How to Safely Charge Your Electric Scooter
Congratulations! You just bought a scooter and are probably worrying about how to charge the battery to keep your expensive investment in tip top shape.
Don’t fret — this article teaches you the myths and truths of how to charge an electric scooter and how to prolong battery longevity — ensuring you get the most life (and miles) out of your battery.
Plug the charger into the wall first
Unless the manual states otherwise, plug the charger into the wall first, before plugging into the scooter. This is the safest bet for protecting the charger and its output capacitors.
The charger will get hot during the charging process, which is completely normal.
Place your charger on edge, uncovered, on a non-flammable surface that will get plenty of airflow.
Connect the charger plug to the scooter's charging port
Power your scooter down and remove the protective cover on the charging port.
Make sure both the port and connector are dust free and blow out if necessary.
Pay careful attention to orient the charger correctly. Most chargers are keyed so they will only go in one way, but some are poorly designed and you can still short the connector.
Plug the charger into the port on your electric scooter.
Wait for scooter to charge
Charge until the indicator light on the charger turns green and promptly disconnect.
For most chargers, the light will turn green before fully charged. If your scooter has a built-in voltmeter or battery display you will notice you’re not quite at 100%.
If you need maximum distance, you can continue to charge until you hit 100% or use as-is.
Use our charging time table to estimate charging time.
Pro Tip: Operating your battery between 30% and 80% of full charge will greatly increase your battery life (see tip #2).
Promptly disconnect the scooter when charged (don't leave plugged in)
Disconnect the scooter from the charger first, then unplug the charger from the wall outlet.
Charge as often as needed.
Use the following tips to max out your battery life.
Tips For Max Battery Longevity
These are the most important tips to prolong battery life, ordered from most to least important.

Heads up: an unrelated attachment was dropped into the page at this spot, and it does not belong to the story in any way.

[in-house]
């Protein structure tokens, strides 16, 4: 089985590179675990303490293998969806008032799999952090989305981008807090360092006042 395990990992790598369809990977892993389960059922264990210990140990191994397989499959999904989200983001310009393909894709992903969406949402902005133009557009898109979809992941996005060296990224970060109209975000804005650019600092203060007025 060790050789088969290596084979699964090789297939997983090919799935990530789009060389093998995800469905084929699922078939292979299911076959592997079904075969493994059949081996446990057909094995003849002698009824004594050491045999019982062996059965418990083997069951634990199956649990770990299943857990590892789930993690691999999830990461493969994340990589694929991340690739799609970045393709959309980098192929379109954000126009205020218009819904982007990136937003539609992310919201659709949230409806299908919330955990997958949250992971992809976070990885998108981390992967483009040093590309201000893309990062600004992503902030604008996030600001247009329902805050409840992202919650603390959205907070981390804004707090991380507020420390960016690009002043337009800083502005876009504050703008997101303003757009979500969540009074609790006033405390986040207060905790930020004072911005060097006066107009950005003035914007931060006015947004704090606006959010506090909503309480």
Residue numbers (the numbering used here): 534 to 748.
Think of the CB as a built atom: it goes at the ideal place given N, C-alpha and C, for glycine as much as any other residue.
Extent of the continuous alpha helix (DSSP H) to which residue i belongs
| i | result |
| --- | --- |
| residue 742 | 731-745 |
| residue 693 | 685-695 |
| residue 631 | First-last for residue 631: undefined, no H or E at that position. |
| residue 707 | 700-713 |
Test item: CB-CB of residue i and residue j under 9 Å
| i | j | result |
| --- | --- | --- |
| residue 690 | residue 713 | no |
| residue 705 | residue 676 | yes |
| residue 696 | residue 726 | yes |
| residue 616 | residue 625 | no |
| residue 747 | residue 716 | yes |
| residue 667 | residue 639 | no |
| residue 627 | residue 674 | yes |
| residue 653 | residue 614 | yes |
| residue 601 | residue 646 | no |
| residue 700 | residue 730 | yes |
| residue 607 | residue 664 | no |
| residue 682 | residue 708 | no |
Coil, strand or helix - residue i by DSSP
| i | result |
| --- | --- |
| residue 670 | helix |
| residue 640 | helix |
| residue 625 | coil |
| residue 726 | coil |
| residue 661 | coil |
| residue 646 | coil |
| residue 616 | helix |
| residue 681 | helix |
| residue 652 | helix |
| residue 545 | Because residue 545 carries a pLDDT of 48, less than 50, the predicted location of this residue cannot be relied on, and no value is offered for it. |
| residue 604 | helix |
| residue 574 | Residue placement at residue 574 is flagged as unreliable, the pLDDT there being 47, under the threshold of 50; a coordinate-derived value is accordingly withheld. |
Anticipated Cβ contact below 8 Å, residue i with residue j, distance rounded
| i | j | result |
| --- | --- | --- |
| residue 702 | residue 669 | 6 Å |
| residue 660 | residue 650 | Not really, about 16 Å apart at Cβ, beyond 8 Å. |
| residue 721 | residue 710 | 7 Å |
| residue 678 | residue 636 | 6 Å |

We’ve noted which recommendations are helpful, and which are impractical and excessive.
1. When storing for long periods, keep your scooter at 40% charge in a cool, dry place
Storing fully charged or discharged will accelerate battery degradation
For longer-term storage, like during winter months, store at 40% charge. Due to self-discharge, you’ll need to check and top up the battery every 4 to 8 weeks to keep it at this level.
Store your scooter in a cool and dry place. Storing above 30 C / 86 F will decrease life. storing fully charged at elevated temperatures is especially bad.
2. Operate your scooter within 30% to 80% of its battery capacity
For individual cells, this ends up being between 3.36 volts (30% of capacity) and 3.96 volts per cell (80% of capacity) is optimal.
We’ve produced a chart below that shows what the final voltage will be on a given scooter at optimal charge.
Optimal Voltage Charging Chart
|Voltage (Nom)||Voltage (Max)||# Cells In Series||Optimal (30%) Discharge||Optimal (80%) Charge|
|36 V||42 V||10||33.6 V||39.2 V|
|48 V||54.6 V||13||43.7 V||52.3 V|
|52 V||58.8 V||14||47.0 V||56.6 V|
|60 V||67.2 V||16||53.8 V||65.3 V|
|72 V||84.0 V||20||67.2 V||78.4 V|
3. Charge when the battery is between 32 F and 113 F (0 C to 45 C)
Wait until the battery has warmed up above freezing to charge.
Charging the battery at elevated temperatures ( 113 F / 45 C) can shorten its life, but is not as damaging.
4. Don’t leave your charger plugged in after charging
Leaving it plugged in after it has finished charging will result in corrosion of the cathode and decreased capacity.
5. Don’t fully discharge your scooter in less than an hour
However, if you’re really concerned, you basically don’t want to discharge the battery at a rate that will entirely deplete it in less than one hour (this is referred to as a C-Rate of 1.0).
On sustained high speed runs or under heavy torque loads like accelerating up a steep hill, you are likely, if not momentarily, going above this ideal discharge rate.